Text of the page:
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CYPRESS HILL

Cypress Hill’s self-titled debut album was hard as nails, with very few pop concessions. There was humor, but it was laced by cackling, homicidal sneering. Not well known outside of the hardcore hip-hop scene at first, faces of the three group members weren’t usually shown clearly in press photos; they preferred the shadows. As their first singles began hitting the airwaves and record racks, the press and music fans started to take notice. From the opening notes of the group’s first single, “The Phuncky Feel One,” to deeper album cuts like “Stoned Is The Way Of The Walk” and “Tres Equis,” it was clear that Cypress Hill was something different. And very, very dope. The world Cypress Hill espoused was gang-ridden and far from cheery, but they managed to laugh through the pain. Lead rapper B-Real took each fuzzed-out, rock-hard DJ Muggs beat as a challenge, jumping around it like a spark off a joint as it makes its way to the concrete.

MC Sen Dog always had B-Real’s back, to bring intensity and a no-bullshit gruffness that made the group both menacing and unpredictable. When they introduced percussionist Eric Bobo to the mix in the early 90s, it brought new dimension to the band, making their live performances one of the most unique and accomplished shows in hip-hop. Journalist and author Chris Faraone highlights the group’s relationship in the reissue’s liner notes (which is included only in limited edition Skull) saying, “[By the late ‘80s] the undisputed Cypress unit finally formed. B and Sen realized that their diametric styles - the latter’s deep wrangle, the former’s inimitable high notes - complemented one another righteously. By then Muggs had bangers in the bag, as well as industry experience from a jaunt with the New York duo 7A3. B and Sen waited while Muggs messed with 7A3, and in that time began to build the blueprint for their raucous and weeded no-holds-barred style. Besides getting schooled on industry pitfalls, Muggs had also grown into hip-hop’s most formidable young producer, while straddling the bi-coastal gap.” Cypress Hill’s debut went gold by the end of 1991 and has since pushed past double platinum status, making it the first album for a Latino-American hip hop group to do so. The album received raves from the likes of Rolling Stone and the Los Angeles Times, saw a #1 Hot Rap Single with the release of “The Phuncky One” and helped the band win Artist Of The Year at the 1992 Source Awards. After 25 years, it should come as no surprise that Cypress Hill is a cornerstone of the group’s live set to this day.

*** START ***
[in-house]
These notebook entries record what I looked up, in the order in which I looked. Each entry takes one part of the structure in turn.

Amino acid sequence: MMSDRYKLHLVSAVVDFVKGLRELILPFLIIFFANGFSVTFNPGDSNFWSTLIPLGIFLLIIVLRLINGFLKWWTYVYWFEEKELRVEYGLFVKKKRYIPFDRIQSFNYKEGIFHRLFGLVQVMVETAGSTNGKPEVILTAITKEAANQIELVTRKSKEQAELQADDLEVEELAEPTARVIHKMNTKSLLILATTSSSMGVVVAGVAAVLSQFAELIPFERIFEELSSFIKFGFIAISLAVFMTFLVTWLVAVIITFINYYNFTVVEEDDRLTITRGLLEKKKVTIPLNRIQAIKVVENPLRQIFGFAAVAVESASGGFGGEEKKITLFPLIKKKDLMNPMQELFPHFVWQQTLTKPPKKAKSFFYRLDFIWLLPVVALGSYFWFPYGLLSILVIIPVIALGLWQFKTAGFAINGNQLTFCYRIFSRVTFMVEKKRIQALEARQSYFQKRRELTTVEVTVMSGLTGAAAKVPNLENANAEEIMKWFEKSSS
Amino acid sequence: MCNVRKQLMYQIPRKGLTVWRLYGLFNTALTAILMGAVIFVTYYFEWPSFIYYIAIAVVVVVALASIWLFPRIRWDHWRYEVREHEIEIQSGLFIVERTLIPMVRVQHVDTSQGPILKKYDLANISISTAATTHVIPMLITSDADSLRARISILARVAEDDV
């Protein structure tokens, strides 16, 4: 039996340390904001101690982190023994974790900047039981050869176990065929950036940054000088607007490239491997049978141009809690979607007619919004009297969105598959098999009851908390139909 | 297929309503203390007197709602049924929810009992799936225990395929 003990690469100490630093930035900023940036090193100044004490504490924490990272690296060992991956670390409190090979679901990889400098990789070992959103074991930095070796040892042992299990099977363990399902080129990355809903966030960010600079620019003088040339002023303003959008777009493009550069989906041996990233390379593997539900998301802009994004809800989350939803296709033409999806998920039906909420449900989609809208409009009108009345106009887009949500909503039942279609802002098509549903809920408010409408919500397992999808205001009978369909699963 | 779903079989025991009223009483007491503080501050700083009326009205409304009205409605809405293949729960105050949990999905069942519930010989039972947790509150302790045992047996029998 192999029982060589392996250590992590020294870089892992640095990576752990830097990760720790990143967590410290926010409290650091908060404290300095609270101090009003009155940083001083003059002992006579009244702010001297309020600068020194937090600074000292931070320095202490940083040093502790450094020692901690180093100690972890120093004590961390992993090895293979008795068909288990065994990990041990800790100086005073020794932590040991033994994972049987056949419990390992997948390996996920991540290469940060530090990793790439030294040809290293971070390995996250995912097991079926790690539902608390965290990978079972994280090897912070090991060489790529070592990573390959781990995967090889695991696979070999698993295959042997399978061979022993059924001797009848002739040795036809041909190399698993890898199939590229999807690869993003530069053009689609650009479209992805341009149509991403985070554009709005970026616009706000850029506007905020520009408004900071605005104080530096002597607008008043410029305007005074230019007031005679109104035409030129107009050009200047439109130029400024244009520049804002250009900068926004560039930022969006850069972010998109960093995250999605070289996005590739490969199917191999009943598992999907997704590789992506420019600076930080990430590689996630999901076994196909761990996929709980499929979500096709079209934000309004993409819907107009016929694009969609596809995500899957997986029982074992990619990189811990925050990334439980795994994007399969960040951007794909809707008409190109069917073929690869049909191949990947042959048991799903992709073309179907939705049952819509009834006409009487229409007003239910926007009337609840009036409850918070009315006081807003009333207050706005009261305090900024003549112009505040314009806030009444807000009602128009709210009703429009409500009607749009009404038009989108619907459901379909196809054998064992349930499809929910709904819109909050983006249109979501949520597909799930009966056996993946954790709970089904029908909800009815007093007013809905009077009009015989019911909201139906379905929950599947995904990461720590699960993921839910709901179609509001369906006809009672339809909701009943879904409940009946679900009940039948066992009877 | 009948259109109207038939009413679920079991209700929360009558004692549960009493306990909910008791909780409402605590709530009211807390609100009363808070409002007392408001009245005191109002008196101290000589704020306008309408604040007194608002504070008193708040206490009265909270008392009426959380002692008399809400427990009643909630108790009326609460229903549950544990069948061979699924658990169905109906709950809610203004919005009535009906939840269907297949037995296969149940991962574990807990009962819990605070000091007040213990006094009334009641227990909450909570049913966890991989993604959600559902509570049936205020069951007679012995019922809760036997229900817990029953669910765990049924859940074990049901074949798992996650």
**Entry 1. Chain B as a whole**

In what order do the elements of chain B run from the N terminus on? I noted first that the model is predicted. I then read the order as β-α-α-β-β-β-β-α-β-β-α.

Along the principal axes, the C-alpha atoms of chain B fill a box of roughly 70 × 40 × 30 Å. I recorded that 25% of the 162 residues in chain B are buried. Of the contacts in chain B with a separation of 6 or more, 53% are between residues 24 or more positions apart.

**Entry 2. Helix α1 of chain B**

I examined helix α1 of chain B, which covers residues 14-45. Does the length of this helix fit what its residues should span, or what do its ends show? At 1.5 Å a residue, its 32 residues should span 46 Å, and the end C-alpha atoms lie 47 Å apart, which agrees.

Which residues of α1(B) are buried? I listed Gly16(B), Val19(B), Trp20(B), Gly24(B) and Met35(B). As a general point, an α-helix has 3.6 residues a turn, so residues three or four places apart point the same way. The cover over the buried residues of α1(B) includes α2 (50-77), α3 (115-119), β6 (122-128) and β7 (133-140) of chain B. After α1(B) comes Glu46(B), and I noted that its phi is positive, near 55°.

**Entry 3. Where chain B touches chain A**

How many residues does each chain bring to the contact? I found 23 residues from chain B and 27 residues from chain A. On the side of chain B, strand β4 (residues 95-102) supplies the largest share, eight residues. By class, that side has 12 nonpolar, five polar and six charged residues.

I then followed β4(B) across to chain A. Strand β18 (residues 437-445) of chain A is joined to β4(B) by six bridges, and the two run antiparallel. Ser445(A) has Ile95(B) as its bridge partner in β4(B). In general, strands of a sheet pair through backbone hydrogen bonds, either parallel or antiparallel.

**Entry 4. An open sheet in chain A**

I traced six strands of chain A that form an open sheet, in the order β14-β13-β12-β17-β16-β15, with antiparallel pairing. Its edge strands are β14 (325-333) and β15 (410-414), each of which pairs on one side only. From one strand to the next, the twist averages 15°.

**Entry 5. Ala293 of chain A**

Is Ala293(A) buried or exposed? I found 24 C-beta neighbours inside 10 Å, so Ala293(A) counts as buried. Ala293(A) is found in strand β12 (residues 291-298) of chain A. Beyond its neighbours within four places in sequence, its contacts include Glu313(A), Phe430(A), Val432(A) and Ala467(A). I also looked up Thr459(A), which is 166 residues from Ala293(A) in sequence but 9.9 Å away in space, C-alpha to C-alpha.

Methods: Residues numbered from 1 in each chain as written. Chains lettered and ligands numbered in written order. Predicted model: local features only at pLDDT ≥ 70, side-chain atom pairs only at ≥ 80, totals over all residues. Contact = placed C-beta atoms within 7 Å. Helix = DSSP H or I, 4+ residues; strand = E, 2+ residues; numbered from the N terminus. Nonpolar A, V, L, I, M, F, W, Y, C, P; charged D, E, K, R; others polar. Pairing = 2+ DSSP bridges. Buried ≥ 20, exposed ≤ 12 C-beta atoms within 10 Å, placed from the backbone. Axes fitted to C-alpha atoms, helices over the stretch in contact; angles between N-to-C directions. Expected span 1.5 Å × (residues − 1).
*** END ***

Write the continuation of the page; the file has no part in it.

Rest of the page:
FORMAT INFORMATION

Coloured LP Info: Red vinyl edition!

Twenty years ago Cypress Hill was on top of the world, with two chart topping albums and several number one singles. Upon its release on Halloween, "Temples of Boom" might have illustrated their total disregard for the commercial success they’d enjoyed up until that point. This album was darker. The beats were spookier. The lyrics were grim. Even the album cover had a gloomier look, which is saying a lot when looking back at Black Sunday’s cover. It seemed that instead of riding the success of their previous two platinum albums they were heading in the opposite direction, pop culture be damned. Then something strange happened: "Temples of Boom" went platinum. B-Real, Sen Dog, and Muggs had put out an album that was all about them, not the mainstream or Columbia Records, and it worked. The fans remained steadfastly open to something new. 

FORMAT INFORMATION

2xLP includes MP3 Download Code.


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